Students and families often want to know all about how to get financial aid, but it is equally important to understand how to keep financial aid. In addition to reapplying for financial aid each year, students must also be meeting the Satisfactory Academic Progress (SAP) standards at their institution in order to continue to receive federal (and often institutional) financial aid. Every college that awards federal financial aid must have a reasonable policy for monitoring progress in which students are evaluated at least once annually. The assessment must be both qualitative (Grade Point Average) and quantitative (pace of completion) and also ensure that students will graduate within the maximum time frame.

SAP Criteria and Examples

Grade Point Average: GPA, self-explanatory

Pace of Completion: Generally calculated by dividing the total number of hours the student has successfully completed by the total number they have attempted.

Example: Sally enrolled in 15 credits in the fall and withdrew one 3 credit class, but successfully completed the other 12 credits. Sally took 15 credits in the spring semester and received Incompletes in 3 of her classes, but successfully complete the other 2 classes (6 credits) with passing grades. Her pace at the end of spring semester is calculated:

18 earned credits/ 30 attempted credits = 60%

Because Sally’s school requires a 67% completion rate in their SAP policy, Sally would be suspended from financial aid.

Maximum Time frame: Students must complete their program by attempting no more than 150% of the total credits required for that program.

Example: Fred is in a bachelor’s degree program that requires a total of 120 credits to complete. He has attempted 150 credits so far and needs 36 more credits to finish his degree. 120 credits X 150% = 180 credits. 150 credits + 36 more to go = 186 credits. Fred is over the 180 credit maximum time frame limit and therefore no longer eligible for financial aid.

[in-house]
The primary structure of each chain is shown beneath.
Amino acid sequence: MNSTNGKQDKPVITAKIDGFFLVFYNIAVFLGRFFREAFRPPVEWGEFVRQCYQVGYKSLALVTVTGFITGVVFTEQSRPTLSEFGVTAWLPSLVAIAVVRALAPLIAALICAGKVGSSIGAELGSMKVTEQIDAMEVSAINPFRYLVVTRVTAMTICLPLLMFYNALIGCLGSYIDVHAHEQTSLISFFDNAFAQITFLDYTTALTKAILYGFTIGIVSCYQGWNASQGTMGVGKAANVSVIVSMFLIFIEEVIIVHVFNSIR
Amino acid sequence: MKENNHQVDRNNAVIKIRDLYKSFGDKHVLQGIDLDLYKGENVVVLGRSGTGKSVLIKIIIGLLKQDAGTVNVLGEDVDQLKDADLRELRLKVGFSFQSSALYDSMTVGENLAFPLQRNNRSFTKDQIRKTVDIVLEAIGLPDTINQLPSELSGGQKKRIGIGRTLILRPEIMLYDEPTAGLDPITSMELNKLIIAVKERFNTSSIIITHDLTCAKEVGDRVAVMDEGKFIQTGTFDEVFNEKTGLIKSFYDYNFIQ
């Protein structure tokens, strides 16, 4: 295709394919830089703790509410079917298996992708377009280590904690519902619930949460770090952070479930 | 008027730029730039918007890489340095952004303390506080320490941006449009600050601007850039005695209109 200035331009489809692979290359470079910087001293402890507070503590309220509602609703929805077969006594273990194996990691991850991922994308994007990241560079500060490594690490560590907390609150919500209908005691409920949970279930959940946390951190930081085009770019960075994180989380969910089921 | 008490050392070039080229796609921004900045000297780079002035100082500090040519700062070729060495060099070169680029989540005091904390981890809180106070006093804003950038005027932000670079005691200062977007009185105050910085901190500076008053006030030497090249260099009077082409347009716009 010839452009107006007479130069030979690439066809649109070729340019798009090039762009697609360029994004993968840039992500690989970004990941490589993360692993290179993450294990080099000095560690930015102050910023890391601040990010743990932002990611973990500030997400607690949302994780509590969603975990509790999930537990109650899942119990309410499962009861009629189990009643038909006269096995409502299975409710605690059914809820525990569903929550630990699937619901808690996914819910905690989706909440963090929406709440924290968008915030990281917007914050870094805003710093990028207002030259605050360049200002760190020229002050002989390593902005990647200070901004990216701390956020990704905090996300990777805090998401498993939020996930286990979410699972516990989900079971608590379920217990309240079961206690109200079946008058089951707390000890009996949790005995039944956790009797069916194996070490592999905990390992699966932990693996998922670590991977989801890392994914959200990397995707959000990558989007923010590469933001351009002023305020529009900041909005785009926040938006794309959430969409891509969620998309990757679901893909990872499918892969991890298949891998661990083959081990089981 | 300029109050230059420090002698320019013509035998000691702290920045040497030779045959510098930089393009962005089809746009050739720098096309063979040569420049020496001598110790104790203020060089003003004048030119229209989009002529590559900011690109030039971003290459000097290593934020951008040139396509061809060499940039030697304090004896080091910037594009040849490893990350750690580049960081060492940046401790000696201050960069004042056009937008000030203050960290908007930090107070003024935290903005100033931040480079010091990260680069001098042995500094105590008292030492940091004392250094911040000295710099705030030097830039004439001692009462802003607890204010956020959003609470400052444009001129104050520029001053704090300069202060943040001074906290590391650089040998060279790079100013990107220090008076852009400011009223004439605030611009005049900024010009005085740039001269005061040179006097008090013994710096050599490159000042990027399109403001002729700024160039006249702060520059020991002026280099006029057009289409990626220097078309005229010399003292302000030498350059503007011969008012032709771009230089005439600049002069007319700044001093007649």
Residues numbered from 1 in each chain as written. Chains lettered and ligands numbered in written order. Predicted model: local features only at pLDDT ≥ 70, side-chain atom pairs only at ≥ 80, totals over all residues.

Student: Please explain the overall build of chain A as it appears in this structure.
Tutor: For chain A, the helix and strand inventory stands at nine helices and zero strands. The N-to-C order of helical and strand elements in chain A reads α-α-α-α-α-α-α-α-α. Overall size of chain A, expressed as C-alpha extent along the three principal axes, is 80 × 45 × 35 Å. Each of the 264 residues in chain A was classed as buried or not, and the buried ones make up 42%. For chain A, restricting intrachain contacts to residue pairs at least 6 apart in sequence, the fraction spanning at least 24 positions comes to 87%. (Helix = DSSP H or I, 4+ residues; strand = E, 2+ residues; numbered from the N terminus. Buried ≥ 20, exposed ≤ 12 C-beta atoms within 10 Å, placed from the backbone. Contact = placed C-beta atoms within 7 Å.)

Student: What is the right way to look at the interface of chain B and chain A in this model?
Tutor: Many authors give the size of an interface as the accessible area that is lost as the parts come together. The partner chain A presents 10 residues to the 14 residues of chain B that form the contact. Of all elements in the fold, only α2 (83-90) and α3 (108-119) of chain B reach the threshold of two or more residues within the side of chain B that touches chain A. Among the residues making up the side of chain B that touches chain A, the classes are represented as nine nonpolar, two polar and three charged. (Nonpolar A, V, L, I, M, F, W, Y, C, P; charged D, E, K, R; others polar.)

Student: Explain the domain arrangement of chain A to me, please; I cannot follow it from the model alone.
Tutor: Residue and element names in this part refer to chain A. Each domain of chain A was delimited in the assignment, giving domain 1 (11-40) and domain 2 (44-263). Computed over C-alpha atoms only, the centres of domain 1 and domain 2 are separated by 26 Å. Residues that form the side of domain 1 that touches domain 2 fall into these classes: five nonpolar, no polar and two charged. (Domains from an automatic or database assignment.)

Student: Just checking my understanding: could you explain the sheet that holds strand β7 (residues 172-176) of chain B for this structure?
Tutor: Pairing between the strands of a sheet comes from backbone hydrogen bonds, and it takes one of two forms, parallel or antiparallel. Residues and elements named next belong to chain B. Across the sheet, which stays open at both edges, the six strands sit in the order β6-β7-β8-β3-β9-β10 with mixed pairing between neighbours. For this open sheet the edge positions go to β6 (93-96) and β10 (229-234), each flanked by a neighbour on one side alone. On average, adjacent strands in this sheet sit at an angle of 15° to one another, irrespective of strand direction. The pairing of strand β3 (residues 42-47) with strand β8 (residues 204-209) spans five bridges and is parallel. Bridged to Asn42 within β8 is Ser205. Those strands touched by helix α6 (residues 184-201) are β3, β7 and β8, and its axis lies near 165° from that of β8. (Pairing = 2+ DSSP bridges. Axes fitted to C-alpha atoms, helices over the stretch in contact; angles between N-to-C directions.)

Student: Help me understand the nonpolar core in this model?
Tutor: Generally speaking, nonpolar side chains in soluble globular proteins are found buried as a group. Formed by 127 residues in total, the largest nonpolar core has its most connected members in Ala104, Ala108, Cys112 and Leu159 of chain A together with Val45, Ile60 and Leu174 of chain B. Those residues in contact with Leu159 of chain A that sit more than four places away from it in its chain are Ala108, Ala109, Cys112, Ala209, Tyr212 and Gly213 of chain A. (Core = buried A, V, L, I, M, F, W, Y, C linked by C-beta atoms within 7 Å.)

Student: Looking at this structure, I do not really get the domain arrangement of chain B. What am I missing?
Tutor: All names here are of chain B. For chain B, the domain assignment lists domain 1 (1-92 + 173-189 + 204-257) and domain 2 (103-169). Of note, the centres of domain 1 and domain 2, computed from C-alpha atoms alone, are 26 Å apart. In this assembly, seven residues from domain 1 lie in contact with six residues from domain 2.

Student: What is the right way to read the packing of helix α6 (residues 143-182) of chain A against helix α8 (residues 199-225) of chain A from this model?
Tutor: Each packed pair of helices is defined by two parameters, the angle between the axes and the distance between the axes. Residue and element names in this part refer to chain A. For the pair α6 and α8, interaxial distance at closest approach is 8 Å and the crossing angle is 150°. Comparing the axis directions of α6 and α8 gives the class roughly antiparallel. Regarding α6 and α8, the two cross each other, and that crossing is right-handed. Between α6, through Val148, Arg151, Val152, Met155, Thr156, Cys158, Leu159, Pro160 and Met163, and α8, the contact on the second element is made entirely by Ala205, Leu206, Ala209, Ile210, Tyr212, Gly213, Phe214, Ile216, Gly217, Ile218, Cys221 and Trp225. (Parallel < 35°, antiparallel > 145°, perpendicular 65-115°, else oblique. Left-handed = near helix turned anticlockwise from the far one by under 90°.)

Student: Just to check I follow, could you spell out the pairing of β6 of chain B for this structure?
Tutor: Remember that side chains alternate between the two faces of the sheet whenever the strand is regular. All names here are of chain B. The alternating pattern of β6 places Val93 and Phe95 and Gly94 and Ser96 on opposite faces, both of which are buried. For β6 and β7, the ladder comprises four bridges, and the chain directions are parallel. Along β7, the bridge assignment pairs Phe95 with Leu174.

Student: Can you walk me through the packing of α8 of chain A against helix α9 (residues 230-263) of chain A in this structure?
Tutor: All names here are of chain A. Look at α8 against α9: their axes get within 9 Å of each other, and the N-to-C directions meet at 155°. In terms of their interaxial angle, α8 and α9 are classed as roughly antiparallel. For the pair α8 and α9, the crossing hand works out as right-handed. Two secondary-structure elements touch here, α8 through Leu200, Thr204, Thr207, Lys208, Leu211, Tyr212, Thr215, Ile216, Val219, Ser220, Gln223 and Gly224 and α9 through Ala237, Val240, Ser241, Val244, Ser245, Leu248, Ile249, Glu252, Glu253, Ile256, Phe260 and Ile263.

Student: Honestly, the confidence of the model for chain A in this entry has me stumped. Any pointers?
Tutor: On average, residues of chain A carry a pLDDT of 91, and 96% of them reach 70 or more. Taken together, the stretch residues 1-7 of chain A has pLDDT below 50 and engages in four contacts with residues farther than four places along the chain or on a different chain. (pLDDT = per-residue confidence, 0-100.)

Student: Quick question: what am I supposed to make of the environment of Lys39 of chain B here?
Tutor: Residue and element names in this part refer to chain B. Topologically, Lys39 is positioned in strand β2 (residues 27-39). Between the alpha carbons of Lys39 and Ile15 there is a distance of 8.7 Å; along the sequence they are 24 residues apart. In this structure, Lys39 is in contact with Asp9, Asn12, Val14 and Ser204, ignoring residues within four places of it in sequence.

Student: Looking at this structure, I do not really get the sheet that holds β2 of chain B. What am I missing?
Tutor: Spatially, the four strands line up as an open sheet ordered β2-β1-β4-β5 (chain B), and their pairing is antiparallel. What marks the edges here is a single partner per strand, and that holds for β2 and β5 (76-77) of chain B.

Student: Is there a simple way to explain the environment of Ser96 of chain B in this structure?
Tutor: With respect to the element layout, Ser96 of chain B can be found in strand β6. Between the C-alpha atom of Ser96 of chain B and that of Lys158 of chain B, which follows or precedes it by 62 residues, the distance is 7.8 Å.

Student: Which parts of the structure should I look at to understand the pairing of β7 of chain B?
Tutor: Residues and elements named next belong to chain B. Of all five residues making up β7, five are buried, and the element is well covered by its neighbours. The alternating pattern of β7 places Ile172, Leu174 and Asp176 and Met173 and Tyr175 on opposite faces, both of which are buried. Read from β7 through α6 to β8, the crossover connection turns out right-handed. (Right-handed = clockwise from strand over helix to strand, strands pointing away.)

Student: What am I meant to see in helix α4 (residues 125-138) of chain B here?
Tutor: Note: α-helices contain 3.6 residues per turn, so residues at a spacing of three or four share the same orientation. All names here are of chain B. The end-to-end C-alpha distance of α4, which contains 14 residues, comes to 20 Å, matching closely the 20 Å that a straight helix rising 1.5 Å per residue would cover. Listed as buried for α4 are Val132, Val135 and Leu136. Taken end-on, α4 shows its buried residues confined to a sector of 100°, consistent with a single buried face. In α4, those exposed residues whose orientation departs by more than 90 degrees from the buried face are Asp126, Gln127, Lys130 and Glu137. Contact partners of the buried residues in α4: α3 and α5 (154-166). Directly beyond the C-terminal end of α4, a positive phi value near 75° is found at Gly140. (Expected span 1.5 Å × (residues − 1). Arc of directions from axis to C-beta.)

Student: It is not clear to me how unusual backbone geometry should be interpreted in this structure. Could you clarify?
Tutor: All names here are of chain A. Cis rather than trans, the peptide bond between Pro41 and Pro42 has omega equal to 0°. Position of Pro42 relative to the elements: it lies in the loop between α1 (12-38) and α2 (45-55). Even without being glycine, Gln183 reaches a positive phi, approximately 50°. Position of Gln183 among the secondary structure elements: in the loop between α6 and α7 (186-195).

What Happens If I Don’t Meet the Standards?

If you are not making SAP, you may be given a warning period, usually for one term, in which you are still eligible for financial aid. If you are still not meeting the standards at the end of the warning period, then your financial aid will be suspended. If you are suspended, you may have the right to appeal that suspension.

SAP Myths

It is better to withdraw from a class than to stay in it and bring your GPA down.

This common assertion is not necessarily true! As you read in the pace example, course withdrawals and incompletes can negatively impact your completion rate and may eventually result in a suspension if you have too many of them on your transcript. It is possible to have a 4.0 GPA and still be suspended from financial aid if you attempt too many courses without completing them. Students should try to stay in their classes and complete the coursework instead of automatically looking to withdraw.

If you are suspended from financial aid you can never get it back.

Schools usually have an appeal process in which students who are suspended can petition the school for reconsideration of financial aid eligibility. Appeals are generally for students with extenuating circumstances, and should explain what prevented the student from meeting the SAP standards, and what has changed to allow them to be successful going forward. Supporting documentation such as a doctor’s note is always helpful. Your school will notify you in writing of the outcome of your appeal. If your school does not permit appeals (although most schools do), the institution must explain how a student can restore his or her eligibility for FSA funds. That might include paying for a semester on your own and meeting the standards.

Stay on Track

The most important thing is to be aware of your school’s SAP policy and try your best to meet the standards. Remember that the purpose of SAP is to ensure that students make progress toward completion of their program of study. SAP is not intended to be punitive, but if you do become suspended you have options. Only take courses that fulfill requirements toward your major, and complete all coursework to the best of your ability. If you find yourself struggling, take advantage of resources on your campus such as tutoring or faculty office hours. If you are considering withdrawing from a class, always consult with the financial aid and advising offices so that you are aware of potential ramifications. If you stay on track and communicate with key offices on your campus, you should have no problem making Satisfactory Academic Progress.

Caitlin Laurie has been working in financial aid for 10 years, currently as Associate Director of Financial Aid at Quinsigamond Community College in Worcester, MA.